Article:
In a side-project that I’m working on, the world is much like those in certain old first-person RPGs: a grid of simple flat tiles, with the floor and ceiling each lying on a single plane.
Thus far I’ve been constructing my floors and ceilings from quads, generated by CardMaker and positioned as appropriate. The game flattens this assemblage for the sake of performance, while the associated tile-editor does not, for the sake of allowing changes to tiles.
For the most part, this works. There are occasional glimmers between tiles, but it otherwise looks as intended and performs reasonably well.
With a small tile-map, that is.
When the tile-map is, say, 20x20, all is well, on my system at least. However, if the tile-map becomes too much larger, then performance in the editor drops–I think that I had a situation in which a ~500x500 tile-map resulted in a frame-rate of ~2-4fps.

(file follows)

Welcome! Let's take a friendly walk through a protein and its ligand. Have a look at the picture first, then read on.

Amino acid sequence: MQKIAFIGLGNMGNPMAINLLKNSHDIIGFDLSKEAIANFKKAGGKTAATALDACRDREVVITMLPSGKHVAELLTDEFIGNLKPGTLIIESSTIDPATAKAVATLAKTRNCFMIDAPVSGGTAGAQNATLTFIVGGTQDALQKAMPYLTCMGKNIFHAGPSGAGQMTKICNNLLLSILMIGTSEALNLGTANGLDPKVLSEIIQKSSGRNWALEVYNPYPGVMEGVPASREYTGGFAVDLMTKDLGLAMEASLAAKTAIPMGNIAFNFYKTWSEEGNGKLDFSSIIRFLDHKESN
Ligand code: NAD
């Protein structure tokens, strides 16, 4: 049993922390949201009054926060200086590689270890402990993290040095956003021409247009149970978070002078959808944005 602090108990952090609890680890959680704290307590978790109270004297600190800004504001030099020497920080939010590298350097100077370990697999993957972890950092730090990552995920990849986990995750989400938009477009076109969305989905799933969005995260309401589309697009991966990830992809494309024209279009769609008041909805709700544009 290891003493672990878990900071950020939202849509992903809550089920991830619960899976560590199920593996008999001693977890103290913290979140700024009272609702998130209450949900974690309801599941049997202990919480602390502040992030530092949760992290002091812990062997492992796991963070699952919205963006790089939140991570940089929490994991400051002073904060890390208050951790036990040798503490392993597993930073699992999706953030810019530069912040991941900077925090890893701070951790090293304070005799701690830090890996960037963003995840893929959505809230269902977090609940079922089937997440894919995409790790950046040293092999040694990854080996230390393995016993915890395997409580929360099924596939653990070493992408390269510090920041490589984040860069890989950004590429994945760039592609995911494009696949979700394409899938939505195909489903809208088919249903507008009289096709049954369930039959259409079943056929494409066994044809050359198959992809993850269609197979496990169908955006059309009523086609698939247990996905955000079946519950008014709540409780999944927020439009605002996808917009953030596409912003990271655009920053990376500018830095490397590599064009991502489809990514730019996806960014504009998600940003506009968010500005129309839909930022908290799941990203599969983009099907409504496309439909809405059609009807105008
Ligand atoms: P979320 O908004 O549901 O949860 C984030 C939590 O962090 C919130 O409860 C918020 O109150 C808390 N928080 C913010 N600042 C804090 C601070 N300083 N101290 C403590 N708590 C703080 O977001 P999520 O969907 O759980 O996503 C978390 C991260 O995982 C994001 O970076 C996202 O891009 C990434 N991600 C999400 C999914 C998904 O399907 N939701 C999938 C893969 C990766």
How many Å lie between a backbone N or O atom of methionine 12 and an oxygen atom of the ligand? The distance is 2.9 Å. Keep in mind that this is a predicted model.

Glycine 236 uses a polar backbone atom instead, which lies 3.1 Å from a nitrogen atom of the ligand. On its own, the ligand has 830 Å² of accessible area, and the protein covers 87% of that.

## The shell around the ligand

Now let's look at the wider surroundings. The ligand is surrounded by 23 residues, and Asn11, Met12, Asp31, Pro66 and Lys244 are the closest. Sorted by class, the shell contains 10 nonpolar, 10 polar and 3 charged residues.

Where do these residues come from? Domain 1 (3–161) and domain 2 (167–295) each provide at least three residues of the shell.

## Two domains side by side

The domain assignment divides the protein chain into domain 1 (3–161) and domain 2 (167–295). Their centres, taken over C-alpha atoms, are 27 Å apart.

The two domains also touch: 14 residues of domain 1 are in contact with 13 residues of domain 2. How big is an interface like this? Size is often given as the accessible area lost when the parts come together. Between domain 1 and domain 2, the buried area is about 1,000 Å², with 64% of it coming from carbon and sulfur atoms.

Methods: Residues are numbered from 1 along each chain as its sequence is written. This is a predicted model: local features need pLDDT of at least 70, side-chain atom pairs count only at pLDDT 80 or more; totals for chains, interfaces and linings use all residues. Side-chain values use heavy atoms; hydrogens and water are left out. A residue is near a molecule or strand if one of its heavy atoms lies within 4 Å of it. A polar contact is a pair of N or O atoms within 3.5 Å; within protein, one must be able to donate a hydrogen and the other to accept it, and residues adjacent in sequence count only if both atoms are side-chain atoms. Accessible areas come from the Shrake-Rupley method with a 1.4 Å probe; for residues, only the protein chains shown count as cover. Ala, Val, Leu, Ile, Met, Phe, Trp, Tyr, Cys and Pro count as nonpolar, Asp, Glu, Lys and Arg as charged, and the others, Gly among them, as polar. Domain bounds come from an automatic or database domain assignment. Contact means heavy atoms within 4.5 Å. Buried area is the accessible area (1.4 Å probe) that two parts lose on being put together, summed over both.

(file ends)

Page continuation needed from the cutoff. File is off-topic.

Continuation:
I daresay that the problem here is simply the number of nodes: 50 000 nodes is probably a bit much to ask of the poor computer. ^^;
So, I’m looking into a new way of constructing my environment.
What I have in mind at the moment is to build my tiles procedurally within one or a few GeomNodes (perhaps one per floor-tile texture), and then add and remove primitives as called for. In addition to dramatically reducing the node-count, I think that this should also allow me to alter tiles during gameplay, an action that isn’t available under the current method.
However, before I dive into building my geometry from scratch, I want to check: is there an easier way that I’ve missed?